Tag Archives | science

Anti-Science and Anti-Intellectual

Sean Davis’s work at The Federalist documenting Neil deGrasse Tyson’s tendency to make up quotes and examples to fit his narrative has gotten some notice in an article at The Daily Beast. While the article itself is fair and nicely balanced, the subtitle the editors gave it, which speculates that criticism of Tyson might be […]

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The Metaphysical Dilemma of the Left

The recent Neil deGrasse Tyson kerfuffle and the dogmatic defense of the global warming consensus raises the question: what’s the impetus? Why do people feel the need to proclaim themselves so loudly as the pro-science side of the debate and to write off all opponents as anti-science? What makes scientists so susceptible to a cultural […]

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Science Is as Science Does

I have to admit that I missed out on the ascendancy of Neil deGrasse Tyson. In my era, the nation’s beloved “scientific communicator” was Carl Sagan. And he had many of the same flaws. As I’ve written about elsewhere, Sagan spoke eloquently about need to follow the evidence wherever it goes, without regard for your […]

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Is the Right Good for Atheism?

I recently argued that atheists such as myself can be good for the right by decoupling a political agenda of liberty and constitutionalism from association with any kind of narrower religious base—in effect, telling people that they don’t have to embrace creationism or foreswear birth control to join the cause. Instead, the religious and the […]

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What Atheists Have to Offer the Right

Conservative writer and CNN talking head S.E. Cupp recently put out a video describing how she has been welcomed among conservatives even though she is an atheist. This led Hot Air’s Allahpundit to chime in with his own experiences, citing myself and National Review‘s Charles Cooke as other examples of atheists on the right. And […]

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The Fix Is In

“Peer review” is an important aspect of the scientific method. Any scientific claim should face basic scrutiny from other experts in the field in order to weed out clearly invalid or unscientific arguments. But peer review is also open to some obvious abuses. An entrenched scientific establishment can use peer review to close ranks against […]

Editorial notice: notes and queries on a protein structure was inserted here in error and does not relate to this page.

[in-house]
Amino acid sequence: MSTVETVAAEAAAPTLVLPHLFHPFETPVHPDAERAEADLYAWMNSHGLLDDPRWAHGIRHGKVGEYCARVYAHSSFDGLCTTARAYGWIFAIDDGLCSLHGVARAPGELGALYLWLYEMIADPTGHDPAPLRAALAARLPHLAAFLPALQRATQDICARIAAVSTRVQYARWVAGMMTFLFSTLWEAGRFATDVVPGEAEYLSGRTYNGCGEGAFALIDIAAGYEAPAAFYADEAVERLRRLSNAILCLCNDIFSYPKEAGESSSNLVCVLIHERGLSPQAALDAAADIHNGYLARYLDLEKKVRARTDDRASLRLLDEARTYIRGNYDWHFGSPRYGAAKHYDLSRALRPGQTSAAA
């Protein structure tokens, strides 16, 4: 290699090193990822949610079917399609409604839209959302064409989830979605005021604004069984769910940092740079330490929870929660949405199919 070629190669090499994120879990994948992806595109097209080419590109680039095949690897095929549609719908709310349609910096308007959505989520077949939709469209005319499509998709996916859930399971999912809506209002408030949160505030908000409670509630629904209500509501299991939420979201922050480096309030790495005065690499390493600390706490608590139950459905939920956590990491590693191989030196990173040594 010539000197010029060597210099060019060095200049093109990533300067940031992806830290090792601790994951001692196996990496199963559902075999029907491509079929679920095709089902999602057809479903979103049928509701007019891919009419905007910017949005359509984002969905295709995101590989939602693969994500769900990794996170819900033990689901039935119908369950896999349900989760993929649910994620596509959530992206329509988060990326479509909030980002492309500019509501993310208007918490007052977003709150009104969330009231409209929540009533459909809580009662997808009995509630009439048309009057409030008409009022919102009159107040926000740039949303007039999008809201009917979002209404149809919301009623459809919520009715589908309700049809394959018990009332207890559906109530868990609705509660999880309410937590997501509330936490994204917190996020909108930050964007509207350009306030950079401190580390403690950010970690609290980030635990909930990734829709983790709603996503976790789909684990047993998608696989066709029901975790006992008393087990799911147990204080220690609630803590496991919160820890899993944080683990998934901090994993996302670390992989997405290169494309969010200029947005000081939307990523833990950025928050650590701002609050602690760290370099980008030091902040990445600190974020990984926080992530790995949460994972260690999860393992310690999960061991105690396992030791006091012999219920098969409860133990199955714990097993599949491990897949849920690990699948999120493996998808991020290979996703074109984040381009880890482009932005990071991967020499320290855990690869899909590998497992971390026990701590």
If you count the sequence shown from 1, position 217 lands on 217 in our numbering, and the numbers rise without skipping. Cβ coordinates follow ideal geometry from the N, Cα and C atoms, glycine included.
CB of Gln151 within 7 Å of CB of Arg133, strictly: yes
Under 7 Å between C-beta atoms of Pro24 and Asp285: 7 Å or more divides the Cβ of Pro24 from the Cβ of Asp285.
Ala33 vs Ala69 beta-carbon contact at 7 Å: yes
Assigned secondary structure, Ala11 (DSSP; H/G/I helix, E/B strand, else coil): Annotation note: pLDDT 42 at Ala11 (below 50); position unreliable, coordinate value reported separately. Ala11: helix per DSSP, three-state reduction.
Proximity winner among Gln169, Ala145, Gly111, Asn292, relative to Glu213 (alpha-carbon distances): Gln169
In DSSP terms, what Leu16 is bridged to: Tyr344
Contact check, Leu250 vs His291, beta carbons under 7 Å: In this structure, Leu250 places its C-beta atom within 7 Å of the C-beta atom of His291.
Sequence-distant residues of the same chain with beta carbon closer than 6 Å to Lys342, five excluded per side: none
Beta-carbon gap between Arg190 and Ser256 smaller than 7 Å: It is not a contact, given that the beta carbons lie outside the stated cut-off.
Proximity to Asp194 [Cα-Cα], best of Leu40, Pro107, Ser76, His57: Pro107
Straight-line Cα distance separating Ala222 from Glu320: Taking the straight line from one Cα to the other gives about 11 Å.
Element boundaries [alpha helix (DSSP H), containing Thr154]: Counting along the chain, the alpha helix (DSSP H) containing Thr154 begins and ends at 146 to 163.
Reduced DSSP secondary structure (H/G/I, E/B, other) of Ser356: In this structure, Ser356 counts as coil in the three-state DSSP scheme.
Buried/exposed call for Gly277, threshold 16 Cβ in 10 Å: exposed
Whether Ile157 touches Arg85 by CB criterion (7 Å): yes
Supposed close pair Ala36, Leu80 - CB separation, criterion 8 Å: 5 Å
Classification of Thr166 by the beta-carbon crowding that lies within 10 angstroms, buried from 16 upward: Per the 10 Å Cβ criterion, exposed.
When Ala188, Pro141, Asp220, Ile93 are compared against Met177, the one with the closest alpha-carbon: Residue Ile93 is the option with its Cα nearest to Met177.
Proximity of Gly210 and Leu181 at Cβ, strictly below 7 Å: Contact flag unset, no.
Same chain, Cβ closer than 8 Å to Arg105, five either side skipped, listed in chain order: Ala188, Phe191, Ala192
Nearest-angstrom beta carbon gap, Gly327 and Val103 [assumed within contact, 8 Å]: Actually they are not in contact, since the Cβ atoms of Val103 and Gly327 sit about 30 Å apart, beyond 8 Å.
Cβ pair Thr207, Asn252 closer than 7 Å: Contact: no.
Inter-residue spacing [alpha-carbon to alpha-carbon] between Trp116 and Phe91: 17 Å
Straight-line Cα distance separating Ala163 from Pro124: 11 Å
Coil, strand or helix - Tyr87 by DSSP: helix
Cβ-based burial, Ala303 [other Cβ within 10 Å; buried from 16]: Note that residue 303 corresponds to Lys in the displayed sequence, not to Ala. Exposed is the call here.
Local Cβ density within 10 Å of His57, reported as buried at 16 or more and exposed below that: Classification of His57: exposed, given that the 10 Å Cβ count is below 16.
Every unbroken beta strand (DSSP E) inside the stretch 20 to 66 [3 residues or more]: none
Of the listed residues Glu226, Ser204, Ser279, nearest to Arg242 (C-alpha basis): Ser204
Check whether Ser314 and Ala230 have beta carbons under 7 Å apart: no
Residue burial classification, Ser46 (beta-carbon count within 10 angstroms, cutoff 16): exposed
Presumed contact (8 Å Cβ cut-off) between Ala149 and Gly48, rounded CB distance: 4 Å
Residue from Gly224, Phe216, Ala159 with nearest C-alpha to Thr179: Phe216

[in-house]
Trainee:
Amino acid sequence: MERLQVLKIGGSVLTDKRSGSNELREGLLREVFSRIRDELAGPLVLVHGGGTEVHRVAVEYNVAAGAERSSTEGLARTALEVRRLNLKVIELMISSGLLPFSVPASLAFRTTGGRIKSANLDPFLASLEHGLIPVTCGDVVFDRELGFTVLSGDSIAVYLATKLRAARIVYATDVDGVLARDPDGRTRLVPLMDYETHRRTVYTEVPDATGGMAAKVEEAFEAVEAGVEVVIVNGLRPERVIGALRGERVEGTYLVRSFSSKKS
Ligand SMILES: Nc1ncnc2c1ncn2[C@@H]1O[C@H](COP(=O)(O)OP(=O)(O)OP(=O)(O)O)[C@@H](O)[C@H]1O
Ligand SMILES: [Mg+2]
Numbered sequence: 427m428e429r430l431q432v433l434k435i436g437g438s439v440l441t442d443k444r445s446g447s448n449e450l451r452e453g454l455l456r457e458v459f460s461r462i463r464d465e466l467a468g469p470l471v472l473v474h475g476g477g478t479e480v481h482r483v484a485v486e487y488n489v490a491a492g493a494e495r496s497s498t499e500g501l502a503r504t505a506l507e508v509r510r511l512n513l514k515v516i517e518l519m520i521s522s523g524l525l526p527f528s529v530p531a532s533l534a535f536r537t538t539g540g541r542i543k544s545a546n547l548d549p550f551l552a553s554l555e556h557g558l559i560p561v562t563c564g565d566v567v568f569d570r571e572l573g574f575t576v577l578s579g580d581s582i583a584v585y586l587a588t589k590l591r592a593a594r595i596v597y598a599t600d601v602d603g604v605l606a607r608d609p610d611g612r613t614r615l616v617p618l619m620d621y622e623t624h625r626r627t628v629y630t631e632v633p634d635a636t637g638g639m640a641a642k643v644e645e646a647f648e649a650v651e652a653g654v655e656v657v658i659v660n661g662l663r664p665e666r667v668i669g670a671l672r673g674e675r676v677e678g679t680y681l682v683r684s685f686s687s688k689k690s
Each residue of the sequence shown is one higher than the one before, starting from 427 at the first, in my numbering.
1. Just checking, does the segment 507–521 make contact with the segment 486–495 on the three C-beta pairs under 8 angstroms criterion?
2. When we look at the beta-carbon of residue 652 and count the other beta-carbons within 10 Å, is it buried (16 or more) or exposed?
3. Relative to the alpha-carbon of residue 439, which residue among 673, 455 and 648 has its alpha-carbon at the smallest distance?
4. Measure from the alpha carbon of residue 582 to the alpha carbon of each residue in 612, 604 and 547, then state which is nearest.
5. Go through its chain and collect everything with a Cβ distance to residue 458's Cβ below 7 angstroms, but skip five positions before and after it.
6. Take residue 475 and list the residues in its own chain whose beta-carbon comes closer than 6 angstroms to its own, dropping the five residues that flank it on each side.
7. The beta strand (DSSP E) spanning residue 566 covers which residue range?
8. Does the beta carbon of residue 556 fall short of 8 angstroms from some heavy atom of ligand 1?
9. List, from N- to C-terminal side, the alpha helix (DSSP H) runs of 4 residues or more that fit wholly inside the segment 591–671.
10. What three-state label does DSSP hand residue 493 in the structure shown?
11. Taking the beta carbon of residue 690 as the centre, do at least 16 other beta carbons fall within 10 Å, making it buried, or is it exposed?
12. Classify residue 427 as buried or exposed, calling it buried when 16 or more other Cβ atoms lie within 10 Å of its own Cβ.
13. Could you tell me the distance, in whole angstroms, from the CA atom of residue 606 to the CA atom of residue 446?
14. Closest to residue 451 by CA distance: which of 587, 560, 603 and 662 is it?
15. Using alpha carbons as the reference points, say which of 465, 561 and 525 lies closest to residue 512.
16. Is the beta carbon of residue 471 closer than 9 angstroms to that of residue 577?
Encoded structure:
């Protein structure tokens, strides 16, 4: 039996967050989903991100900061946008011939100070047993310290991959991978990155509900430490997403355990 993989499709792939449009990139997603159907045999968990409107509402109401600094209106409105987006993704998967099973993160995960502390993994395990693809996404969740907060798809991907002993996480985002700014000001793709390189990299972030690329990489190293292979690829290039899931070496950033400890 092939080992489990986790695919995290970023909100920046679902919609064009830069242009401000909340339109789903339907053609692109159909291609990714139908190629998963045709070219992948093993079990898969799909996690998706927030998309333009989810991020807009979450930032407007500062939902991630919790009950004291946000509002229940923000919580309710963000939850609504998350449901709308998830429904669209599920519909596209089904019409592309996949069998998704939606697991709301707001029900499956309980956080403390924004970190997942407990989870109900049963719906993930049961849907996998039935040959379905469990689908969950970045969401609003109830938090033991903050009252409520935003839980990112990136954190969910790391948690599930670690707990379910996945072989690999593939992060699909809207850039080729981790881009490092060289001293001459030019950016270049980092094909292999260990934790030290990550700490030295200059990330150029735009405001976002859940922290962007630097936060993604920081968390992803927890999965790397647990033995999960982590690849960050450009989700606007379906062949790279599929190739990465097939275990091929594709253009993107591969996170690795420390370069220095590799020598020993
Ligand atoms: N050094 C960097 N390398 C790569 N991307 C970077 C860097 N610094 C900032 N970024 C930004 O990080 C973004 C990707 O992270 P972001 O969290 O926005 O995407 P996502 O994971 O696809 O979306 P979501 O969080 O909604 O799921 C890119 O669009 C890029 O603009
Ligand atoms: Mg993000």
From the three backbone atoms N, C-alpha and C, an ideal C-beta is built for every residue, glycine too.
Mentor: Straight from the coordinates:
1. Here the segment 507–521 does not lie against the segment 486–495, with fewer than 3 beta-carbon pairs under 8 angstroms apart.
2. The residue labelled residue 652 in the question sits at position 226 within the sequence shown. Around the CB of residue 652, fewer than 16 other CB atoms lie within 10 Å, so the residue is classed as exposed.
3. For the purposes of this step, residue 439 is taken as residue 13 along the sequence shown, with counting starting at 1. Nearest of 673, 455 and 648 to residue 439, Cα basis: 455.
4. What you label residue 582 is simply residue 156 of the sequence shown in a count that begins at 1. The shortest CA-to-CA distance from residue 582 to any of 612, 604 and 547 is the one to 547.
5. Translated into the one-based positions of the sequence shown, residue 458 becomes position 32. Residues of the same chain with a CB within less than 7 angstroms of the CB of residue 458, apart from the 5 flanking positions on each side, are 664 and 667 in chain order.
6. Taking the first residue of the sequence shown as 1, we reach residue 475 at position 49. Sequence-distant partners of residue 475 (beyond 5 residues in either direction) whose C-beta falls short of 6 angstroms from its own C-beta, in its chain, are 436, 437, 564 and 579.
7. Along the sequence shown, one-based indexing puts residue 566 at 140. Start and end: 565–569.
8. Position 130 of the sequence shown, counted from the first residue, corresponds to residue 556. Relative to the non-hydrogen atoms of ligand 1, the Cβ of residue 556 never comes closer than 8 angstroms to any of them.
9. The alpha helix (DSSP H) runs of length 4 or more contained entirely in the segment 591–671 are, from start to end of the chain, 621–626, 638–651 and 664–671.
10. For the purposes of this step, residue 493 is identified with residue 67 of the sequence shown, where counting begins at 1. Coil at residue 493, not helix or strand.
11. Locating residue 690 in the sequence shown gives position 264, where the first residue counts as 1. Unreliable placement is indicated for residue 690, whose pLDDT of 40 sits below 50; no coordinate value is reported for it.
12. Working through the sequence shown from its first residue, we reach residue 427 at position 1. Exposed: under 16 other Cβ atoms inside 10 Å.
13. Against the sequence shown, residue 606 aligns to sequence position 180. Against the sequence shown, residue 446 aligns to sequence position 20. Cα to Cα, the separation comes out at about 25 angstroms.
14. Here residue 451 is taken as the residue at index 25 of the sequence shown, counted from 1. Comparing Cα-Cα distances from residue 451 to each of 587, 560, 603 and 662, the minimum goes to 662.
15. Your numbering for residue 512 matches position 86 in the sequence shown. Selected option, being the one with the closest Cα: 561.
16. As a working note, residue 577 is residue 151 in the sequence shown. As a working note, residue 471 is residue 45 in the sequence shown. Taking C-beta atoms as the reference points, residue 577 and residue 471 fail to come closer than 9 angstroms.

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The Mean Girls of Global Warming

Someone sent me a clip from John Oliver—a nebbishy British version of Jon Stewart—arguing that global warming skeptics don’t deserve a hearing because 97% of scientists supposedly back the claims of catastrophic man-made global warming. This video actually demonstrates that lefties like Oliver and Stewart don’t deserve a hearing, at least not on any topic […]

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“Global Warming, the Movie,” Starring: Freezing

A funny thing happens when Hollywood tries to portray the horrific negative consequences of global warming: they tend to end up showing an Earth that has frozen over. I noticed this the first time in 2004’s The Day After Tomorrow, where global warming supposedly leads to a global atmospheric inversion that buries New York City […]

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The Contest Between Homer and Hesiod, in Space

There is not much about Andy Weir’s The Martian that ought to work. And yet it works. The novel is like a twisted literary experiment: can you write a story that is about 5% dialogue, 10% action, and 85% exposition? And can the exposition be about scientific problem solving and the technical details of NASA […]

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How Science Works

How does science work? With science being used as the basis for regulations that are supposed to turn the entire global economy upside-down, and in an age when having science on your side has become a point of partisan pride, allowing some people to condemn anyone who opposes their politics as “anti-science,” we could use […]

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